Exciting start to the day, 9th June 2011, with the publication in ‘The Voice’ newspaper of my letter in response to last week’s article, ‘Can single mum’s turn boys into men?’ Not only that, but it was chosen as the newspaper’s ‘Letter of the Week’.
The newspaper is available on the newsstands until 15th June 2011. If you get to read it, I would be delighted if you could return to this blog and share your opinions.
UPDATE 21st June 2011 – Below is the full article. Your comments on this blog would be most welcome.
In response to the article written by Ben Letmann & Merissa Richards (The Voice 02.06.11), growing evidence suggests that most single mothers simply cannot turn boys into successful men without positive male influence. Viv Grigg, Director of the Urban Leadership Foundation, argues that “fatherless children are at a dramatically greater risk of drug and alcohol abuse, mental illness, suicide, poor educational performance, teen pregnancy and criminality.”
70% of young offenders come from lone-parent families. Worst still, 25% of young offenders are single father’s themselves [Youth Justice Board, 2002]. We also know that only 27% of Black boys achieved 5 or more A-C GCSE’s according to the Office for National Statistics, 2006. This is just a selection of openly available statistics that would appear to indicate that not all, but unfortunately the majority of single mothers are doing a pretty poor job when it comes to raising boys.
I know of countless examples of single mum’s raising their boys into successful, well-adjusted, law-abiding young men. However I would argue that more often than not these mother’s have not done it in isolation, but have permitted a degree of male influence into their children’s lives, be that from their brothers, their own father’s, male friends or partners. Such people recognise that “it takes a village to raise a child.”
When it comes to the business of being a man, standing up for yourself, being responsible, understanding and developing the capacity to work hard and study well in long-term preparation for their role as providers; self-reliance, interactions with the opposite sex, respect, self-esteem, self-identity, both culturally and masculinely, then a man’s influence is critical. Even the mere presence of the father, so long as it is not a negative presence, can have an inadvertently positive impact. If a male child develops a sense of manhood through another male, for instance, that their father is providing for his family, treating well and with respect, their mother (whether or not they are together), this can have a positive impact on his social and emotional development. This role modelling cannot be imparted and will not be taken on board if coming solely from the mother, any more than a Father could possibly be expected to raise his daughter to become a woman.
Studies such as Project 2000 by Wells-Wilbon R, & Holland, S showed that the most powerful form of learning for children was that from same-sex individuals i.e. boy/men or girls/women.
So what are the solutions? Women being more careful in their choice of the men they procreate with. Not getting pregnant too early in life or too soon in a relationship, for how can you be sure the man will stick for long after the birth? Fathers realising the damage they’re wreaking on their children by being absent, whether or not through choice.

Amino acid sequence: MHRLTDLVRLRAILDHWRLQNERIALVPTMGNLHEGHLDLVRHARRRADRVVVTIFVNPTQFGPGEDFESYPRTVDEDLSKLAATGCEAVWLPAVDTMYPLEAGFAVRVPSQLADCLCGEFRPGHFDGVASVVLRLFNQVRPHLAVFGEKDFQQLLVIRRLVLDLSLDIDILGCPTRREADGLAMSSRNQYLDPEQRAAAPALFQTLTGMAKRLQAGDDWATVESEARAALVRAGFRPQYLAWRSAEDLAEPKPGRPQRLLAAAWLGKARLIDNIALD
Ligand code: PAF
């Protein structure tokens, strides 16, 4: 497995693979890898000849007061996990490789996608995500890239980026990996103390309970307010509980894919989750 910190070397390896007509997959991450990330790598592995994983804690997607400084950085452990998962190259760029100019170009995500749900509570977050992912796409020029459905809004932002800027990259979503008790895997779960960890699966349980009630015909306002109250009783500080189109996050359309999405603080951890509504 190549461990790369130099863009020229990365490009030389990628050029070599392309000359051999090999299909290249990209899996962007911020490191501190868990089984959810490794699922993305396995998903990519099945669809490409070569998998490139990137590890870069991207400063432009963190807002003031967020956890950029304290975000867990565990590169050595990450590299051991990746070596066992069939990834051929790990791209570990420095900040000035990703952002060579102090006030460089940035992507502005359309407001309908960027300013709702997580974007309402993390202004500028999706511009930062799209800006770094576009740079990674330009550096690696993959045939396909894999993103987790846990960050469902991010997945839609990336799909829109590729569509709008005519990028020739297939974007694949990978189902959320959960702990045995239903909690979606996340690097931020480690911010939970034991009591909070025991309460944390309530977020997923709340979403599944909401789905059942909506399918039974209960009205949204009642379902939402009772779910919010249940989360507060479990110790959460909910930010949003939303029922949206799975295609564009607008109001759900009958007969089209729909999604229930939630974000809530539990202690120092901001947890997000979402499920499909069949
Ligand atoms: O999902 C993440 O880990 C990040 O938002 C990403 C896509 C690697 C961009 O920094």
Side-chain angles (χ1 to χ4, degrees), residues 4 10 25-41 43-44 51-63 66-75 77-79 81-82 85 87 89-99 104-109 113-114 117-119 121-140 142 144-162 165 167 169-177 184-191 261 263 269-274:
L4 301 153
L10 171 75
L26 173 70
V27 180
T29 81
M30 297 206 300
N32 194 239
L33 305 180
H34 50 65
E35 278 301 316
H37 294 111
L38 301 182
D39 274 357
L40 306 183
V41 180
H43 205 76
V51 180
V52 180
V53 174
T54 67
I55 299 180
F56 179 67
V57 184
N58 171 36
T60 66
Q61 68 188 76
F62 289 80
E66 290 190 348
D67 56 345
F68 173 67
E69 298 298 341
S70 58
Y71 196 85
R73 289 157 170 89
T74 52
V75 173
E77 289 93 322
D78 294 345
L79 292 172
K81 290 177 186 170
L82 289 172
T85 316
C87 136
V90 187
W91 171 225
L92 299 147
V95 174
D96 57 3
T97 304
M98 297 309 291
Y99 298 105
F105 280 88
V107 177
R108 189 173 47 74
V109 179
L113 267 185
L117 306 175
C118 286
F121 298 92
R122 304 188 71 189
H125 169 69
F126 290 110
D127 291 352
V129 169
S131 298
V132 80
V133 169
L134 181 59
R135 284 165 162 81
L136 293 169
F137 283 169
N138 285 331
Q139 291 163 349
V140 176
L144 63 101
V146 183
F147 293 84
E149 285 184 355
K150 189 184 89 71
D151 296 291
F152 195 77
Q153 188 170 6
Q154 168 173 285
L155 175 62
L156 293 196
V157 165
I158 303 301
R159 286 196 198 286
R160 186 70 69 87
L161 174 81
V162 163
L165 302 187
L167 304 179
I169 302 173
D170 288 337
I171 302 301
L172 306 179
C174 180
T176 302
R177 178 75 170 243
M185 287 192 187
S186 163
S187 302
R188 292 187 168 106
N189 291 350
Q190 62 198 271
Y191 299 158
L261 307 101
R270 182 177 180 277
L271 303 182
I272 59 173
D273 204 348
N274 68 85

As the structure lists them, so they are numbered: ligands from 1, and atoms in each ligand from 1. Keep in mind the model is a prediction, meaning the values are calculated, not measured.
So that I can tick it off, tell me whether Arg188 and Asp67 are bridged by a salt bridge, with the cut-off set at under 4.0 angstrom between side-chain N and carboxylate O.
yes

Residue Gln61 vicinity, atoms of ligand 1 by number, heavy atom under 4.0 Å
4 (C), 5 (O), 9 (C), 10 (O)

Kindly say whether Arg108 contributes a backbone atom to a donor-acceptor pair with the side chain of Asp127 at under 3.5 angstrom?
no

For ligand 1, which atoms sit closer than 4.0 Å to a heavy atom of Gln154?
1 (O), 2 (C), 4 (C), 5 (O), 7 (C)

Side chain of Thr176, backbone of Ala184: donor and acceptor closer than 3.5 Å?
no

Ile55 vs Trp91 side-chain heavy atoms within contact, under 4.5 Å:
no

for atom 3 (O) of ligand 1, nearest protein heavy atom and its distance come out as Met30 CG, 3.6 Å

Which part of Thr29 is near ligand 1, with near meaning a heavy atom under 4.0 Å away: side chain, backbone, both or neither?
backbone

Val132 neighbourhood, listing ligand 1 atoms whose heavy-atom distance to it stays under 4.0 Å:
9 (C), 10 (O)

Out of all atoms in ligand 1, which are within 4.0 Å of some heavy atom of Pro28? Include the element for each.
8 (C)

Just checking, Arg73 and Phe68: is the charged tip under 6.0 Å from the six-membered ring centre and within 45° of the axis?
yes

Brothers and sisters, peers generally, need to step up the plate and take more responsibility for their siblings and friends. After all, research shows by the time children reach their teens, their peers have more influence over them than their parents, via positive role modelling, something which can be discretely encouraged by their parents. It’s no good if the good children just bury their heads in their books and ignore the chaos and failing children around them. They have to realise that if they choose to be, they can be a big part of the solution.
More mentoring. Learning from parents who are raising their children well. Those parents and children that are doing well, need to share their experiences with others who might benefit. This could be informally through their own circles, or via more structured programmes such as the 100 Black Men of London’s Parent’s in Partnership programme. This particular programme provides a forum for parents/guardians to share best practice in raising children. Greater collaboration is required between various organisations and parents equally concerned with tackling this issue.
With the prevalence of youth crime showing no real signs of abating and an increasing fear of crime amongst young people in certain areas, the black community, along with government agencies, for the sake of our young people, need to react to this crisis and work more collaboratively to tackle the root causes of fatherless households, crime and other negative consequences that stem from family breakdown. Until we do so we remain in a “fire fighting” stage that has significant, damaging, long-term financial implications on our society as a whole.
© Tiemo Talk. An abridged version of this article was first published in The Voice, Issue No 1477, June 9-15, as their Letter of the Week. Your comments on this blog would be most welcome.
With it being Fathers Day week the role of fathers and mothers is being hotly debated in the country.